After announcing that it would be sending out invitations to its Google Glass Explorer Program applicants through Google+ and Twitter, Google recently revealed that it has had to disqualify some applications “that snuck through.” In an official post on Google+, the Mountain View company stated that it received some applications that did not comply with its terms. “…it’s become clear that a few applications that don’t comply with our terms have slipped through the cracks, and we’re going to have to disqualify applications like these,” Google said. 

Announcing this latest bit on Twitter, Google tweeted, “We're gonna need to disqualify a few non-compliant #ifihadglass applications that snuck through. Details here:” That said, Google has confirmed that for the rest, the channel is open for feedback. 

The much-awaited results for the #ifihadglass contest came in only a couple of days ago. The contest was part of Google's attempt to seek people who would help it design the future of Glass. It saw a myriad bunch of enthusiasts telling Google what they would do with Glass. On Twitter and Google, they sent in their responses with the hashtag – #ifihadglass. “There were so many creative, diverse, and (sometimes) crazy applications. We’ve certainly learned a lot through this whole process and it’s inspiring to hear how much passion there is for Glass,” Google wrote in the post announcing the results.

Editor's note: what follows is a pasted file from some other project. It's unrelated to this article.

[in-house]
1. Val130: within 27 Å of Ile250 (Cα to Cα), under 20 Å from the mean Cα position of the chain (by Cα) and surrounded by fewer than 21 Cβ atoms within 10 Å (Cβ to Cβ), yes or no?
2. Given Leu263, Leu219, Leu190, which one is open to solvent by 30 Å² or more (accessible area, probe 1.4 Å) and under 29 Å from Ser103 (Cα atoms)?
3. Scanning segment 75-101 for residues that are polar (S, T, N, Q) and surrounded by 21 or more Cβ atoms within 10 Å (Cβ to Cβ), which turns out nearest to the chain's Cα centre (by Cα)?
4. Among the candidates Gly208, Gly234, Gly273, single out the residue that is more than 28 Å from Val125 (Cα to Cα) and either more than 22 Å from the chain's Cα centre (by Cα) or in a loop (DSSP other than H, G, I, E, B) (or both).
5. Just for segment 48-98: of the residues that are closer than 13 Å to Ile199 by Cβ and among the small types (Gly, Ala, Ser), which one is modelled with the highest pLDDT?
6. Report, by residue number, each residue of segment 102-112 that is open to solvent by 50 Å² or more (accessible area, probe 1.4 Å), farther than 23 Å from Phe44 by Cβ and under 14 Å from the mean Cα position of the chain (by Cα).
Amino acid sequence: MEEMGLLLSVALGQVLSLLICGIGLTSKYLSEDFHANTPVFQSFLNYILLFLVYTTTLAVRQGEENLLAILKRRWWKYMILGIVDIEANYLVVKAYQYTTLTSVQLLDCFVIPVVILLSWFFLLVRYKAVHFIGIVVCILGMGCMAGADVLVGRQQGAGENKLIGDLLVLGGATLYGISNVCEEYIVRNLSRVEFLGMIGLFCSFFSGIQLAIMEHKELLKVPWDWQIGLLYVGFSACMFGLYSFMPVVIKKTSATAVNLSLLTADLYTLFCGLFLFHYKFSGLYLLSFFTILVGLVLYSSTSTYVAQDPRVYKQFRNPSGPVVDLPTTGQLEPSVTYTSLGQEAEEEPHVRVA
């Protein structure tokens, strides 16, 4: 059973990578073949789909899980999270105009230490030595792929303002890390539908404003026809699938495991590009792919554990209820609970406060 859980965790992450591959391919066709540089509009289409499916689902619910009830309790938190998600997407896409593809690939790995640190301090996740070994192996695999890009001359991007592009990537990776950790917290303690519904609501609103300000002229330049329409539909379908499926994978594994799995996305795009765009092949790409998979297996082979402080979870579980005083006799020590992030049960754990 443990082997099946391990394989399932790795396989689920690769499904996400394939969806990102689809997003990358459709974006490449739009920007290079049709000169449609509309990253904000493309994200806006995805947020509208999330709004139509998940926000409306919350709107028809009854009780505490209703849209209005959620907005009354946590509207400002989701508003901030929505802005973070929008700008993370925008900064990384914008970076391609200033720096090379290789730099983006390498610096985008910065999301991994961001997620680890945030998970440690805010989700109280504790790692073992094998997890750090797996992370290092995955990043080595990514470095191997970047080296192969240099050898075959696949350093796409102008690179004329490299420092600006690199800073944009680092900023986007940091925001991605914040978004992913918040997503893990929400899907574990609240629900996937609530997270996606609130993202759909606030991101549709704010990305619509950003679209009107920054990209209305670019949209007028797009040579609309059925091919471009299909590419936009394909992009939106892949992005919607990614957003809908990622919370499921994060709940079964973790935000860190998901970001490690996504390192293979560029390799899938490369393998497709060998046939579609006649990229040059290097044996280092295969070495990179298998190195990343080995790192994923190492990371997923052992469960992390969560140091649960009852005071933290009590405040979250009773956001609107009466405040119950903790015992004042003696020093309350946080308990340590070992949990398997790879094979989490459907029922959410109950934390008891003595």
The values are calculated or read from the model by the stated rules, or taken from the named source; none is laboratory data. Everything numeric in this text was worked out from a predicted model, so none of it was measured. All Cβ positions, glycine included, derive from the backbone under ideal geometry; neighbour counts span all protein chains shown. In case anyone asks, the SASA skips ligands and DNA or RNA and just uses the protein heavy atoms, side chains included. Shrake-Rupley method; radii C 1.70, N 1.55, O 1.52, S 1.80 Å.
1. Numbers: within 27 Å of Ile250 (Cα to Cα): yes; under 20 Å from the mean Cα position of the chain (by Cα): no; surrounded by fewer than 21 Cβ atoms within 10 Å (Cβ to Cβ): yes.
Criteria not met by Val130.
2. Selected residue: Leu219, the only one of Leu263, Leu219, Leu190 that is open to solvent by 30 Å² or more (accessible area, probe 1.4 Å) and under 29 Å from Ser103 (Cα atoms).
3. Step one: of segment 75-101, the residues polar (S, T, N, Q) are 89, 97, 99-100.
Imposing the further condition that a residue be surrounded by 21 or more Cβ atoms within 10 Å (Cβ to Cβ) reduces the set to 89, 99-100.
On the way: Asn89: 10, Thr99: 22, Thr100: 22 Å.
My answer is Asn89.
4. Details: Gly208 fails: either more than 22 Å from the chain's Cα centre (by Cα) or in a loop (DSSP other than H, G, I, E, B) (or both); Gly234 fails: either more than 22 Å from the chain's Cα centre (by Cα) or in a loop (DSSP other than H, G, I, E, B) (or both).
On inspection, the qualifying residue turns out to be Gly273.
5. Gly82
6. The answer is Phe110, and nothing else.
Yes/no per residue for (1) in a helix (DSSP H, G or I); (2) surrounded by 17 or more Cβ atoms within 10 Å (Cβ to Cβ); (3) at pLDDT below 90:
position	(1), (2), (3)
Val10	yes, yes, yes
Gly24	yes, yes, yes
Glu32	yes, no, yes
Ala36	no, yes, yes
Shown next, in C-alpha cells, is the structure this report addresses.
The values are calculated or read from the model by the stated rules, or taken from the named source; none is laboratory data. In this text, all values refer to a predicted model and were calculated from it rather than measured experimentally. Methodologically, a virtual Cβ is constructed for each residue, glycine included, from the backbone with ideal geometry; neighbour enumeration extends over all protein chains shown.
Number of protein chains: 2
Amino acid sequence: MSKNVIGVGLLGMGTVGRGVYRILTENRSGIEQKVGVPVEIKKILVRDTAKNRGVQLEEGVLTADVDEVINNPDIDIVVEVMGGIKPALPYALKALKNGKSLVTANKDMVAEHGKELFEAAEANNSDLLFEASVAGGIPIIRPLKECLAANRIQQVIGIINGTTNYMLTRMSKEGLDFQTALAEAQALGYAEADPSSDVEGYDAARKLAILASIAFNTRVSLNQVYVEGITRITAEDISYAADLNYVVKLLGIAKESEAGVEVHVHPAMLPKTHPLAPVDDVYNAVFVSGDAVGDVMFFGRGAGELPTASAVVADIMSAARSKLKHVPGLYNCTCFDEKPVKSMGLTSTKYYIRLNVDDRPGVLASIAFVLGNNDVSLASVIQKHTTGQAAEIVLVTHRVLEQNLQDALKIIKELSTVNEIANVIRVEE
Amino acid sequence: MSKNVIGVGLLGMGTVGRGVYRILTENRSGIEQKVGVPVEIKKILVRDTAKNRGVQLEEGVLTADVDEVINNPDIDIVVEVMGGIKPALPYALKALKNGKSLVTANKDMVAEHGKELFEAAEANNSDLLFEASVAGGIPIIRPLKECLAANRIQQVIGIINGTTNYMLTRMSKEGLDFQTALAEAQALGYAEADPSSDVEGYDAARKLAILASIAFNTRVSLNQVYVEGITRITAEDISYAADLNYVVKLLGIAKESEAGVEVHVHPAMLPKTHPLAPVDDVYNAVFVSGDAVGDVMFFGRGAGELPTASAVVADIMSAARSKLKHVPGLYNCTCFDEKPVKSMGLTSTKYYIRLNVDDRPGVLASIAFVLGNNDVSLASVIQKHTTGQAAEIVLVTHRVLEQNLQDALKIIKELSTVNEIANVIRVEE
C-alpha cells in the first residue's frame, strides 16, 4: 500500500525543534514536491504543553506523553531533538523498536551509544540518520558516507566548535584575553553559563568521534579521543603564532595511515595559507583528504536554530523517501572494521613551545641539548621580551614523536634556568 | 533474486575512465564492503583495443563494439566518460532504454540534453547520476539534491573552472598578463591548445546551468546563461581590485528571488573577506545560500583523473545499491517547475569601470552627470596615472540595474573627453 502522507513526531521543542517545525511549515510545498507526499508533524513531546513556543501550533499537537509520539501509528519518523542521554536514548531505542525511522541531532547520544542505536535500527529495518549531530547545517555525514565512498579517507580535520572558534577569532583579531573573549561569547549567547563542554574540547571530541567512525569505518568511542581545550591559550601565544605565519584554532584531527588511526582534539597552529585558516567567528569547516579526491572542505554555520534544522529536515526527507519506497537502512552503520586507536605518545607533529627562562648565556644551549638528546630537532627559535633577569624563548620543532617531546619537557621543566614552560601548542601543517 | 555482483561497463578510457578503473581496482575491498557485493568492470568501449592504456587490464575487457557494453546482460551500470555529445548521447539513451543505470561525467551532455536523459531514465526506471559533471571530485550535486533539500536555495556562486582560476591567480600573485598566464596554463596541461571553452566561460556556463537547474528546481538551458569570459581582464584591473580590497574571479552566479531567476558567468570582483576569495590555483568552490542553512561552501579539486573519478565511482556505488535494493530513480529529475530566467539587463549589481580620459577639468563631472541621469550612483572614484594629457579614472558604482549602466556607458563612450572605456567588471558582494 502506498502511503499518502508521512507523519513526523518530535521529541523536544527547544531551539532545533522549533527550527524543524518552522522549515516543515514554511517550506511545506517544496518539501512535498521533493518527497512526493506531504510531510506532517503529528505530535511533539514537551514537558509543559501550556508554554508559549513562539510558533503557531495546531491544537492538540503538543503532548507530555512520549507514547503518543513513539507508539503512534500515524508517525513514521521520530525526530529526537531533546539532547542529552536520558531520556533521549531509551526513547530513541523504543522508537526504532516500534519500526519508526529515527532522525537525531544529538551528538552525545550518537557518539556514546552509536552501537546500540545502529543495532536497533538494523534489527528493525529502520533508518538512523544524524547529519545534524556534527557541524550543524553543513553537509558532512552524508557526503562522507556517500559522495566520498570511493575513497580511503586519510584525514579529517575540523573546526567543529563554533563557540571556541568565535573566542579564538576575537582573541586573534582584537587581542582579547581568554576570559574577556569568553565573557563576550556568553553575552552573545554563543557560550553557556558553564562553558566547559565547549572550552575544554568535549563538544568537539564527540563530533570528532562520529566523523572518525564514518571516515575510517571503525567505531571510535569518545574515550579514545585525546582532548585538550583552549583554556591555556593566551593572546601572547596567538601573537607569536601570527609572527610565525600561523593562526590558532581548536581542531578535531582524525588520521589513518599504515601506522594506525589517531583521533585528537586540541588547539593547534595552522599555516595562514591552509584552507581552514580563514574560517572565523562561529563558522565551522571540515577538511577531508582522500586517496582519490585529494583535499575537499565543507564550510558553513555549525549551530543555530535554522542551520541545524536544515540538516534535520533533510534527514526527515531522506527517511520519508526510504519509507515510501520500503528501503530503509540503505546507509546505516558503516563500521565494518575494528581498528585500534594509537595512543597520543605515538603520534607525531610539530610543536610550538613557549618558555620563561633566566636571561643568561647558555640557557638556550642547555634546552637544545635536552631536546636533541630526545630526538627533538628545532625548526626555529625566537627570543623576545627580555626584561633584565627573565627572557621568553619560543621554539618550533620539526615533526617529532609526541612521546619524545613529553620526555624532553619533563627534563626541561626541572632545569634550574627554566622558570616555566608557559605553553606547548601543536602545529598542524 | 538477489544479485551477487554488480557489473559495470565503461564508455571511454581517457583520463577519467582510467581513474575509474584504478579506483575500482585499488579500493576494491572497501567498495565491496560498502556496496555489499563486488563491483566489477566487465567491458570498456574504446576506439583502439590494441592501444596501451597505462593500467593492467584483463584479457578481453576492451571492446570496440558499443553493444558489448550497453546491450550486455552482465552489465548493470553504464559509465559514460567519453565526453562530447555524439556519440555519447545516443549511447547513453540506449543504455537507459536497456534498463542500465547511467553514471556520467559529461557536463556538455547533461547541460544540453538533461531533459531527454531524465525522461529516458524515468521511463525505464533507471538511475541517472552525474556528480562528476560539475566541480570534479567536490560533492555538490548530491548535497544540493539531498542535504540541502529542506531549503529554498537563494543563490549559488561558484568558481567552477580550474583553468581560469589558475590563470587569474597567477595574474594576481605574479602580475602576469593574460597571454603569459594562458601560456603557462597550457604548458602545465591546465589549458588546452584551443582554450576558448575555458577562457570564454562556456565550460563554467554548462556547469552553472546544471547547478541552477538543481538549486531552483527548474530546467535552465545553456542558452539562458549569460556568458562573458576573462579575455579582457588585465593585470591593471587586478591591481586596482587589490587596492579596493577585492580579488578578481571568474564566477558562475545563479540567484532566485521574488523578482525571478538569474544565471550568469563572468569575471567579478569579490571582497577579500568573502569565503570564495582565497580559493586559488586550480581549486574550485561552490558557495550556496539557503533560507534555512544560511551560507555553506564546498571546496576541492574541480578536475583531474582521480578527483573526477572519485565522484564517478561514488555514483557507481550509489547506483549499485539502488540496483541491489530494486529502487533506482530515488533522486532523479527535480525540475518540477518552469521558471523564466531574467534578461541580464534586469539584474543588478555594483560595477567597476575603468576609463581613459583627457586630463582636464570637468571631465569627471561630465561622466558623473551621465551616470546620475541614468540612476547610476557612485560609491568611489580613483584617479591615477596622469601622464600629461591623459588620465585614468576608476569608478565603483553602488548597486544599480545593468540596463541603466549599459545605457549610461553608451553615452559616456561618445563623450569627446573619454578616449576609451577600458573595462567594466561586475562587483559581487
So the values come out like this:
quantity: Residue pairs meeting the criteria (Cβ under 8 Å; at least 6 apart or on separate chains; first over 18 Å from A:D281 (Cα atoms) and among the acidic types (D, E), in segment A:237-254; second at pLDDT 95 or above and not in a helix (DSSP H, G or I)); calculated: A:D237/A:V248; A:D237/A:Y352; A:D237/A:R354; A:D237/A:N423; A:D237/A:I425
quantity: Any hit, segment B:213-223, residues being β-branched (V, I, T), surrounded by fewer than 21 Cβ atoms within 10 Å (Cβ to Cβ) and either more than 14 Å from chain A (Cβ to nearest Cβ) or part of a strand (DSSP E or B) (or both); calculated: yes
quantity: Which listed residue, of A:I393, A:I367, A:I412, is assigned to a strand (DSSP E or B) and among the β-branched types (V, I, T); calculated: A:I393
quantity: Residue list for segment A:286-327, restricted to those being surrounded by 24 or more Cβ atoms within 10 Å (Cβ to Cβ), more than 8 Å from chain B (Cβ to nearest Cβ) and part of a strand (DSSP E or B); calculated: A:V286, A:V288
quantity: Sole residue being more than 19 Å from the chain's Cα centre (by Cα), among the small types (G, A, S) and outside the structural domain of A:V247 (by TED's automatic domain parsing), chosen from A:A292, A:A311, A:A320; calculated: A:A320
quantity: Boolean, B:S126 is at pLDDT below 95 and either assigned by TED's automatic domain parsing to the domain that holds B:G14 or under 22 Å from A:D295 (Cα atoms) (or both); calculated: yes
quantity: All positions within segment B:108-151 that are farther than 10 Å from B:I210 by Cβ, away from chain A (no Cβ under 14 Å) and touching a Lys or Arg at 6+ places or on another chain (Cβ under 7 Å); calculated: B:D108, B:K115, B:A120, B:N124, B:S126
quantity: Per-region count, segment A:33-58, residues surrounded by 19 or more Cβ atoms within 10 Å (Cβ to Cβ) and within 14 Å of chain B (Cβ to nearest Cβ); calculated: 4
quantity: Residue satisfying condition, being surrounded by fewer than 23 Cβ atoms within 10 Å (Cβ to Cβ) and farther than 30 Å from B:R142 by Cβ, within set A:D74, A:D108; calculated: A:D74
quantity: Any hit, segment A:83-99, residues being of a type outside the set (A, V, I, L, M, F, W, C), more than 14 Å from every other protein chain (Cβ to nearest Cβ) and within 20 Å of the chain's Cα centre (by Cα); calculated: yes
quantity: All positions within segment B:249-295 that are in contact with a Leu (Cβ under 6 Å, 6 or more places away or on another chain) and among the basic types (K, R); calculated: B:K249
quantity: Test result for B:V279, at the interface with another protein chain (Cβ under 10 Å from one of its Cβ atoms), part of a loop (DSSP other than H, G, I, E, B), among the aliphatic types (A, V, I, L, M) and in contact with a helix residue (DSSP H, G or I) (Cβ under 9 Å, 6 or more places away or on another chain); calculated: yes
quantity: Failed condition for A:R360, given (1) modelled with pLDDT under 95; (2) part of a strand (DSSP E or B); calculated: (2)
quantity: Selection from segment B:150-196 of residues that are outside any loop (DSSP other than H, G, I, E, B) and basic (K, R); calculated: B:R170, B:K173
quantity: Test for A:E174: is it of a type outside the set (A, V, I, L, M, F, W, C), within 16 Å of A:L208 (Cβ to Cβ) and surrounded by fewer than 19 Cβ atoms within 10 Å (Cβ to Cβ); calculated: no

Google closed down registrations for #ifihadglass earlier this month. At the time, the search giant did not reveal anything about how many buyers would be receiving the device. It's rumoured that Glass is expected to be made available this year, but at a much lower price compared to the $1,500 (approx Rs 75,000) Google is asking for the initial units.


Some applications snuck through, said Google

Glass has been in development for the last couple of years and can be called Google’s most ambitious project yet. The company co-founder Sergey Brin said in May last year that he was hopeful the Glass Project would be ready in 2013.

The wearable is likely to feature bone-conduction technology instead of traditional speakers for sound and a small screen in front of the user’s eye to display information. It will also feature a camera, which Brin showed off.

Recently, Google also revealed the first set of apps you will find on Glass. The search giant showed off the apps for The New York Times, Evernote, Path, as well as some core Google features like search, Translate and Gmail. The Verge reported from the Project Glass developer panel at SXSW Interactive that the apps hint at the UI direction Google is taking with Glass. For one, the Google Now influence is very apparent, thanks to the use of cards here as well. 

Google reportedly has four design principles it wants developers to use as guidelines when working on apps for Glass. These are: “design for Glass,” “don't get in the way,” “keep it timely,” and “avoid the unexpected.” 

Even Google knows that having a constantly-beeping HUD on your person can be grating and so wants to give you a limited amount of information. The NYT app, for example, can be set up such that only breaking news will be pushed out to you. Gmail can also be configured to only show notifications for 'Important' e-mails, so it would be a good idea to start using the Priority Inbox regularly and fine tune it for Glass if you're going to buy one. Once a notification is received, the content can be read back to the user, or in the case of an alert from Gmail or Path, users can reply to it right from Glass.

Overall, the apps look clean and take the Google design philosophy forward while adding new rules to the game. The guidelines give us a better idea of what sort of apps to expect. Obviously, playing Temple Run on your Glass might not be a great idea just yet. 

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